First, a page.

Not since the 1920s has British politics been in such disarray and amazingly the same issue still dominate today as Brexit does enormous damage to the United Kingdom.
At the turn of the 20th century, the Liberal Party was ascendant in Britain, forging ahead of its perennial Tory rivals and seemingly set for dominance of the two-party system well into the future.
By 1922 the party was gone forever, a political fate that no one could have imagined.
These days it remains a rump party in British politics, its great days long behind it. Yes, World War I had a profound impact, but the dramatic changes were in motion long before.
The Liberal Party was torn apart by three issues: suffragette, the revolt in Ulster by hardline unionism, and the birth of the trade union movement which brought into being the Labour Party which stomped all over the Liberals.
Amazingly, two of those issues still mightily dominate the British political landscape today and will bring about as fundamental a change as the strange death of liberal England did.
Brexit has done and will do enormous damage to the entity known as the United Kingdom. The forces of English nationalism, as reflected in the original Brexit vote, seem certain to have their way and see Britain leave the European Union.
That will have a transformative impact on the Scottish nationalism debate, as Scotland voted handsomely to stay in the European Union in the 2016 Brexit referendum. The only way they can now achieve this is by voting in a new referendum to leave the U.K.
Stung by the uncaring response of their southern neighbors, the Scottish Nationalist Party has already called for a new referendum on Scottish independence. Polls show a vote for independence would succeed.
Then there's Northern Ireland, which also voted to stay in Europe. The Democratic Unionist Party (DUP) has hidden that fact amid their daily bluster that only they speak for Northern Ireland. Because of abstentionism by Sinn Fein, they have gotten away with it.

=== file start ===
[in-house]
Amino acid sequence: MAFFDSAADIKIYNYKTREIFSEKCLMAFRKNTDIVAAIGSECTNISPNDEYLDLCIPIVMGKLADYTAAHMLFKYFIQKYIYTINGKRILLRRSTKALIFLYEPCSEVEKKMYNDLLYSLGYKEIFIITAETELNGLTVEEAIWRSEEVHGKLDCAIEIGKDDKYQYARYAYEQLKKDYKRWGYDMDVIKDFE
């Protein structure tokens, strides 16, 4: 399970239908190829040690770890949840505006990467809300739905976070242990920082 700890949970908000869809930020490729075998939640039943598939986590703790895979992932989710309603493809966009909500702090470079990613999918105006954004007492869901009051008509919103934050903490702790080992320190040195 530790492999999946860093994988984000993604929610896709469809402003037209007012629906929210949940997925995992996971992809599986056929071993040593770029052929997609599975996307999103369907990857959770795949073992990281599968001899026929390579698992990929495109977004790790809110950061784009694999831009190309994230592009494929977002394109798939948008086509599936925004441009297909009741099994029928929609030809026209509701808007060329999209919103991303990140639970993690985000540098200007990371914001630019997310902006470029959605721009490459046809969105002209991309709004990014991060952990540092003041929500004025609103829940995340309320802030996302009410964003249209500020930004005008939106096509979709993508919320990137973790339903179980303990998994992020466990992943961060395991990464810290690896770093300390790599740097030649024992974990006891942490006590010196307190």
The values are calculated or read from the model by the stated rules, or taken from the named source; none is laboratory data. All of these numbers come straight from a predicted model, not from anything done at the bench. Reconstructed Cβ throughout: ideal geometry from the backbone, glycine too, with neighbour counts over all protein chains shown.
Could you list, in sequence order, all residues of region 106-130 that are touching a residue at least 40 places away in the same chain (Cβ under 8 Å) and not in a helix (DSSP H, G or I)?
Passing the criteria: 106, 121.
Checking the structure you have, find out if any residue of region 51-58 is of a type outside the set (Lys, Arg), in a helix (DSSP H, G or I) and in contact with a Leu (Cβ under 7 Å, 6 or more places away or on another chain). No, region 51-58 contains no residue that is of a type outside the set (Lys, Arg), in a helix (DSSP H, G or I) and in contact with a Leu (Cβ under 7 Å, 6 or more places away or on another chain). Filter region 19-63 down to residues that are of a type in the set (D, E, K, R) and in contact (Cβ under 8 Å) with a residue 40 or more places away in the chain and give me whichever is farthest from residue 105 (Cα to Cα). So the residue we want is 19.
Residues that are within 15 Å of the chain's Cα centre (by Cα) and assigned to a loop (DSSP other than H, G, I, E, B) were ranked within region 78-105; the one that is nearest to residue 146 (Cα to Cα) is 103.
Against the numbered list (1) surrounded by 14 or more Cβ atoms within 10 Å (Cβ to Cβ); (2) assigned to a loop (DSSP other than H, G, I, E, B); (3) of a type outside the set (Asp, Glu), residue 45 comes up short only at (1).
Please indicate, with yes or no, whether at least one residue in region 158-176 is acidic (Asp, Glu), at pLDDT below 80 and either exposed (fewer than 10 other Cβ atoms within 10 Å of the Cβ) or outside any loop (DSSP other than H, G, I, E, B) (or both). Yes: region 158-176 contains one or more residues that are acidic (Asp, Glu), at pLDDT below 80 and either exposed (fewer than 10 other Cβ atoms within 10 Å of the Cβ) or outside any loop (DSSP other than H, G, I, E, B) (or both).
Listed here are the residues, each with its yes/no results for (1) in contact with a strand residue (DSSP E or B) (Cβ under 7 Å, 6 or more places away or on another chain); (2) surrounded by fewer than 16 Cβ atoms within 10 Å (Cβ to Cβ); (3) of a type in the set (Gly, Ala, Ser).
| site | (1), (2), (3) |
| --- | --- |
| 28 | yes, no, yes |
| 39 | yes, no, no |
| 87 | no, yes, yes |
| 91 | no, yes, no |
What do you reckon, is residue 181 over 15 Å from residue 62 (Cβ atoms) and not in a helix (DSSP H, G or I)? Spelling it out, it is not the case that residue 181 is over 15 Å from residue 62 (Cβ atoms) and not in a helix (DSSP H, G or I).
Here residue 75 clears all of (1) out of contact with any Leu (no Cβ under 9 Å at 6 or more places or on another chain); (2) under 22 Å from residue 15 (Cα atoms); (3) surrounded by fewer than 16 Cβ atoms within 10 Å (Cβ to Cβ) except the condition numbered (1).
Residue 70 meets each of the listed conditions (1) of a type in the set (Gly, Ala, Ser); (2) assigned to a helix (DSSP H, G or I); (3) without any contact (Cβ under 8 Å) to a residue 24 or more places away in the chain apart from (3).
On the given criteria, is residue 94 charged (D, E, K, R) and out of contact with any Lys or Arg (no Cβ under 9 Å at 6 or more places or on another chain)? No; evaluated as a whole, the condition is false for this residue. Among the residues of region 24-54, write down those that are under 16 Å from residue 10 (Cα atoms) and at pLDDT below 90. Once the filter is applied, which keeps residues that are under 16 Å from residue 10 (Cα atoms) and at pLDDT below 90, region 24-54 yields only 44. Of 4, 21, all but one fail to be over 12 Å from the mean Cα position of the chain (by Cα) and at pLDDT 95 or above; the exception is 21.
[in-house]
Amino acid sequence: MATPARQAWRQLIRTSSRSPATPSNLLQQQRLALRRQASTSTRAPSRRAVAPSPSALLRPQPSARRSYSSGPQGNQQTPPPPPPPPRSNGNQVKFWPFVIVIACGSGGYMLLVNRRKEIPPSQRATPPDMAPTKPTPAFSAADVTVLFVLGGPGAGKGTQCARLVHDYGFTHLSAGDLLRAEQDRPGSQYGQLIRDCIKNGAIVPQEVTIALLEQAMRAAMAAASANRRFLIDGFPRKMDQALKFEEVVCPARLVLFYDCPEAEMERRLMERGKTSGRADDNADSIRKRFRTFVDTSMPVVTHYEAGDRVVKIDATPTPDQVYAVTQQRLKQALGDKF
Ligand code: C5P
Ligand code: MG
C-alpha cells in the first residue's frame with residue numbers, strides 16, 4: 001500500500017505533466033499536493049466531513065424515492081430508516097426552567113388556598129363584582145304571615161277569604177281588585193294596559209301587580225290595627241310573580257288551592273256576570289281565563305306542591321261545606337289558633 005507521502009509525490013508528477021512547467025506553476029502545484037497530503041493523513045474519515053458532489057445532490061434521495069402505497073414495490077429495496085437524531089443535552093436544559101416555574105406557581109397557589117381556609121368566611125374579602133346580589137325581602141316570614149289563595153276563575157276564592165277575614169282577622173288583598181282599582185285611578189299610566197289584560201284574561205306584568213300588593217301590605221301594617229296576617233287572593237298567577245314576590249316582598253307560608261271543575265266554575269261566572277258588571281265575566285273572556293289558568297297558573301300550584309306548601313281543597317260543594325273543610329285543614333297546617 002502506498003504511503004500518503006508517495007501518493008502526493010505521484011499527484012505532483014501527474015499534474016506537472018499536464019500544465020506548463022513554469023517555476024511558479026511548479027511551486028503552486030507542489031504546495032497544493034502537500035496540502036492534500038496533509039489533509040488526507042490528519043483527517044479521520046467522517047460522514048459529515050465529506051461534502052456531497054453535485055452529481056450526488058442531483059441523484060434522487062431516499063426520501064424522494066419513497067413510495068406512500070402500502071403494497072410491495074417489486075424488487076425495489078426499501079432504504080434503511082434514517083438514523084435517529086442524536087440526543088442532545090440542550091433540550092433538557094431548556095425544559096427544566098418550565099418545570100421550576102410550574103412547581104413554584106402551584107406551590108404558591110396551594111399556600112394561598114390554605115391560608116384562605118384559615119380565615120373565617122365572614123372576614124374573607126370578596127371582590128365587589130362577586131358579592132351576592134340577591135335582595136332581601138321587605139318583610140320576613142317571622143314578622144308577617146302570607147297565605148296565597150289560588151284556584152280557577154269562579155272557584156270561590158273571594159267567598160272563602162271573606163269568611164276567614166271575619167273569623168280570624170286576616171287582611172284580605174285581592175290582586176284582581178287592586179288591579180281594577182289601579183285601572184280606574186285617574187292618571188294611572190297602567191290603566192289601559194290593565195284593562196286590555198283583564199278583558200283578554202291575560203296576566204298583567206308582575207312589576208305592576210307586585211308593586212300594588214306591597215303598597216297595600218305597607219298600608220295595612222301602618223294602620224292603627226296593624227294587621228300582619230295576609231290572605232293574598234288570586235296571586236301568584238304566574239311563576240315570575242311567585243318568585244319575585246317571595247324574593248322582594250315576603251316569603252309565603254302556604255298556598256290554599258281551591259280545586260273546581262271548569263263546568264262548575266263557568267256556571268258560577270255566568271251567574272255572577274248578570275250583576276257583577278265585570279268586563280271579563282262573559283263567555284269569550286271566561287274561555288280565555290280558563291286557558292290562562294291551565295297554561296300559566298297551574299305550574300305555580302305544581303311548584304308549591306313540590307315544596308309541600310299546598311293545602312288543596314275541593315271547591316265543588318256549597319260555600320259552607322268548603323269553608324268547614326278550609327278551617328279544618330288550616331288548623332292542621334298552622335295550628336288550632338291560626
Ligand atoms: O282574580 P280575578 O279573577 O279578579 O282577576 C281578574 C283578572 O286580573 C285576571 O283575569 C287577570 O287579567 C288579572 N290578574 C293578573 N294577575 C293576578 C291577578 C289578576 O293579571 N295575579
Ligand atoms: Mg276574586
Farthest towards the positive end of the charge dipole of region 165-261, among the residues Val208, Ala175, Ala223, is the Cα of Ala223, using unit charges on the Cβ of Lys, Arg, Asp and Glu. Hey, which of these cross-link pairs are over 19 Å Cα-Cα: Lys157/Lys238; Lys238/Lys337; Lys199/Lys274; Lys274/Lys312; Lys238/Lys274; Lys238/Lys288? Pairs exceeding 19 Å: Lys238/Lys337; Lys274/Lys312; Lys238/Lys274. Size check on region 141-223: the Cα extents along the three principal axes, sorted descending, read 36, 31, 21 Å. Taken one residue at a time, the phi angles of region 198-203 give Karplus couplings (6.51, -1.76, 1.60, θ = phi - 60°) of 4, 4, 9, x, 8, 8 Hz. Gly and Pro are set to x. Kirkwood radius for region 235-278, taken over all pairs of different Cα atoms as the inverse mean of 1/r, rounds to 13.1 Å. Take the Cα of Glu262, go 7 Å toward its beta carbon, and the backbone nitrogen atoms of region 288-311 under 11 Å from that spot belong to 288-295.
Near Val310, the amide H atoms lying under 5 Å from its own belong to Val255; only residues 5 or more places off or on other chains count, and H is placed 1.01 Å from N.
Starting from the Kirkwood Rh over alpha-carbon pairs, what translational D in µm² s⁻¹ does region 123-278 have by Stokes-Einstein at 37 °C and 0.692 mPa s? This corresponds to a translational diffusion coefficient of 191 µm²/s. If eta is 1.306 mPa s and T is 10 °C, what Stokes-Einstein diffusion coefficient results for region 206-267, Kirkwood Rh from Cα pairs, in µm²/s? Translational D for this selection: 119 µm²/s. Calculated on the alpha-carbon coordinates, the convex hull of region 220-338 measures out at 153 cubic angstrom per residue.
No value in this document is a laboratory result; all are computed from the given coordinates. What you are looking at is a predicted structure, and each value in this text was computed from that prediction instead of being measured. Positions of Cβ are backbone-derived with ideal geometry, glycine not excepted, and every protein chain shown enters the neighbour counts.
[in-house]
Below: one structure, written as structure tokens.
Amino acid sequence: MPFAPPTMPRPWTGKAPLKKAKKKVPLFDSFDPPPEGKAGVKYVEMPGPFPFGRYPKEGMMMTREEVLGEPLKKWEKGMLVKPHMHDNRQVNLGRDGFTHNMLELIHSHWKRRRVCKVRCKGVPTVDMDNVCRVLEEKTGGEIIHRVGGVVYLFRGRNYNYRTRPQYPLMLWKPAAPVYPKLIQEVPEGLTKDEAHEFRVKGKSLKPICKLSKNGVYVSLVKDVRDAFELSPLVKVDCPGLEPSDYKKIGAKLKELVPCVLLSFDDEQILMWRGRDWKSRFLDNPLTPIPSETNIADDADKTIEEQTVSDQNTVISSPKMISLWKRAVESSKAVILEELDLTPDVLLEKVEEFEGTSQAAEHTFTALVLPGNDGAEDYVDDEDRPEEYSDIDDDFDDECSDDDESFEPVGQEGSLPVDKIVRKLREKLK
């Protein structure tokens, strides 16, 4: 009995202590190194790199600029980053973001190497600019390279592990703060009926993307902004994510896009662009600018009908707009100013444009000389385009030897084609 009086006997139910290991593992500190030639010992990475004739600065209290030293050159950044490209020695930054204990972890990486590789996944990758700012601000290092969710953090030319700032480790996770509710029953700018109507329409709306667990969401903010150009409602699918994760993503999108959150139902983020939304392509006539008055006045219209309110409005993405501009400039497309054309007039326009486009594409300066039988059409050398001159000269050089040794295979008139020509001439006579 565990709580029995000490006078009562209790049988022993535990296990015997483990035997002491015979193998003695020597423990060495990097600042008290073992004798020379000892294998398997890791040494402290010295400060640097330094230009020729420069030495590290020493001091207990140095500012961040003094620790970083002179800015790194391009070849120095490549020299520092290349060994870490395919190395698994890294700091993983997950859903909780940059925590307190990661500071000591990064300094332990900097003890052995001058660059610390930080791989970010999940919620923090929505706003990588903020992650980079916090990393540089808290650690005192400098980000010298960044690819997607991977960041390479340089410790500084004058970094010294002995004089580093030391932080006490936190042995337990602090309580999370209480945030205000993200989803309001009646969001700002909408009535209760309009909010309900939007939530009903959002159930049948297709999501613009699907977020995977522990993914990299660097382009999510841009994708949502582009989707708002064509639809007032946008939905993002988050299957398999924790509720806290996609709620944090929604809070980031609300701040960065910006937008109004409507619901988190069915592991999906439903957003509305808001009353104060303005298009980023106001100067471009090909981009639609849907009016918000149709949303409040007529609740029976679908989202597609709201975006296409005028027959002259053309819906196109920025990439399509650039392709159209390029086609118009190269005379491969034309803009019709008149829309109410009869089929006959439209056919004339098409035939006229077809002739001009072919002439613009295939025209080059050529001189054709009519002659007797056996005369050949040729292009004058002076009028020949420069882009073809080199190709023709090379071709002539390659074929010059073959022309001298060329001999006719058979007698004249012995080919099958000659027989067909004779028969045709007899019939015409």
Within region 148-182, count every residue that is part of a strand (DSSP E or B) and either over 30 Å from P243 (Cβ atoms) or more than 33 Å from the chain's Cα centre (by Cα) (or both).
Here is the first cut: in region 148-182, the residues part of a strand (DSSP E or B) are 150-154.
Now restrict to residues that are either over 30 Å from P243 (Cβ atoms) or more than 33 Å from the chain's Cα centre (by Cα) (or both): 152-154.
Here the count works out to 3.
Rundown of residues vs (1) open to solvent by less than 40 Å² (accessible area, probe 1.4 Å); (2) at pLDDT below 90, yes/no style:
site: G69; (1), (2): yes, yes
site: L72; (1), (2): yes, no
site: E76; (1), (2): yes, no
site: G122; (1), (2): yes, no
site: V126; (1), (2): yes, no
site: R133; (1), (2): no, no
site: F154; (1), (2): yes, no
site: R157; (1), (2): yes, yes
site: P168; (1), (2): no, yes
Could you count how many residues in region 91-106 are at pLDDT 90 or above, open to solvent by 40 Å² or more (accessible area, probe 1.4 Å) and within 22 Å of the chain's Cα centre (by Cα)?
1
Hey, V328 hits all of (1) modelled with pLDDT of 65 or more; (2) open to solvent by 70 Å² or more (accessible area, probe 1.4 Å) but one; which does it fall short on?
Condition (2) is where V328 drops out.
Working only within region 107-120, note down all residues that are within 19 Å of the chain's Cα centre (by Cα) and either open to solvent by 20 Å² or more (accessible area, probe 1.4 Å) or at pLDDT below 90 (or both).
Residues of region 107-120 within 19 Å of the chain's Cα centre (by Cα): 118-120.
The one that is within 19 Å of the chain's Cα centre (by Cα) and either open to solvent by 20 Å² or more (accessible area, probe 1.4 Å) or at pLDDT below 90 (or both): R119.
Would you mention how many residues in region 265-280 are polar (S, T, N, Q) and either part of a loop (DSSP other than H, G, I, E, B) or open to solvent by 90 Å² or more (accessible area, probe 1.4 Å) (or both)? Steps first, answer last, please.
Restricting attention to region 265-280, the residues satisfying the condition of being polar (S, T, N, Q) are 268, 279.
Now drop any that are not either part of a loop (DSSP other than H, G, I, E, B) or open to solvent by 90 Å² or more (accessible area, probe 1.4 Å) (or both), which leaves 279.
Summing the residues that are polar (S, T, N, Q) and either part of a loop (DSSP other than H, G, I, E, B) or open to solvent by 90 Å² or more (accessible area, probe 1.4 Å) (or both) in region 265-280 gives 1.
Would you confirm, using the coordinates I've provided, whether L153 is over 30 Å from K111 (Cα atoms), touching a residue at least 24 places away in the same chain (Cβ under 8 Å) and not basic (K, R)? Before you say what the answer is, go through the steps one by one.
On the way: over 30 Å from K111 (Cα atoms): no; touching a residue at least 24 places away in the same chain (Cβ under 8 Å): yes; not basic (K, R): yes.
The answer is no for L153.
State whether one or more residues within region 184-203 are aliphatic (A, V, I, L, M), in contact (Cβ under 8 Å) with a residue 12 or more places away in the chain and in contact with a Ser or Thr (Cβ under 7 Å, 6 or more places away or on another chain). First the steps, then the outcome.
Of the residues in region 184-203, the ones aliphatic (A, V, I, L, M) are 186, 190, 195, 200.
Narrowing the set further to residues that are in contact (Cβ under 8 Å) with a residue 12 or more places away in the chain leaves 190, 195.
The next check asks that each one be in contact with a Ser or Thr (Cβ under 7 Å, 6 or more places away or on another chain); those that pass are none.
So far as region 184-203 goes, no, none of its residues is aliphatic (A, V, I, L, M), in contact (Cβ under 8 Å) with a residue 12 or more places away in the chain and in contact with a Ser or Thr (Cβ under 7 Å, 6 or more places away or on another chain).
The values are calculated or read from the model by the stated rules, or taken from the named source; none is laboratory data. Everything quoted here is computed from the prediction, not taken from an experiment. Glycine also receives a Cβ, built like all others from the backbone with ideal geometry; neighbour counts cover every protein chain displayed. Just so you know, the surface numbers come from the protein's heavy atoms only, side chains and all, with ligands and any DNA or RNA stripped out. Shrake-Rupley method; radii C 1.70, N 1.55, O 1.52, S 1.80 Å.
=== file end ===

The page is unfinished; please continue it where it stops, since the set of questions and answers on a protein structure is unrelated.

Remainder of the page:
But unionists have just uncovered their own unpleasant truth. English nationalists quite cheerfully abandoned them when it came to a choice of achieving Brexit or standing with their unionist colleagues like the Tories had back in 1914.
As for the future, a referendum in the next few years is promised to decide the status of Northern Ireland. Nothing has solidified support for a united Ireland more than the go-it-alone strategy of the DUP. As author George Dangerfield once wrote, “The Ulster unionists love no one but themselves.”
The final casualty of the great upheaval will likely be the Labour Party, forged in the birth of the trade union movement over a century ago.
If you want an example of dithering leadership look no further than Labour Jeremy Corbyn, whose party is facing, Janus-like, both ways on Brexit, with both a leave and remain faction. Somehow Corbyn thinks this will help win an election.
The upshot of Brexit within a decade will be an independent Scotland and Ireland, the death of the Labour Party and a landscape as different as it was with the death of the liberals in 1920. Such is the range of change that Brexit has wrought.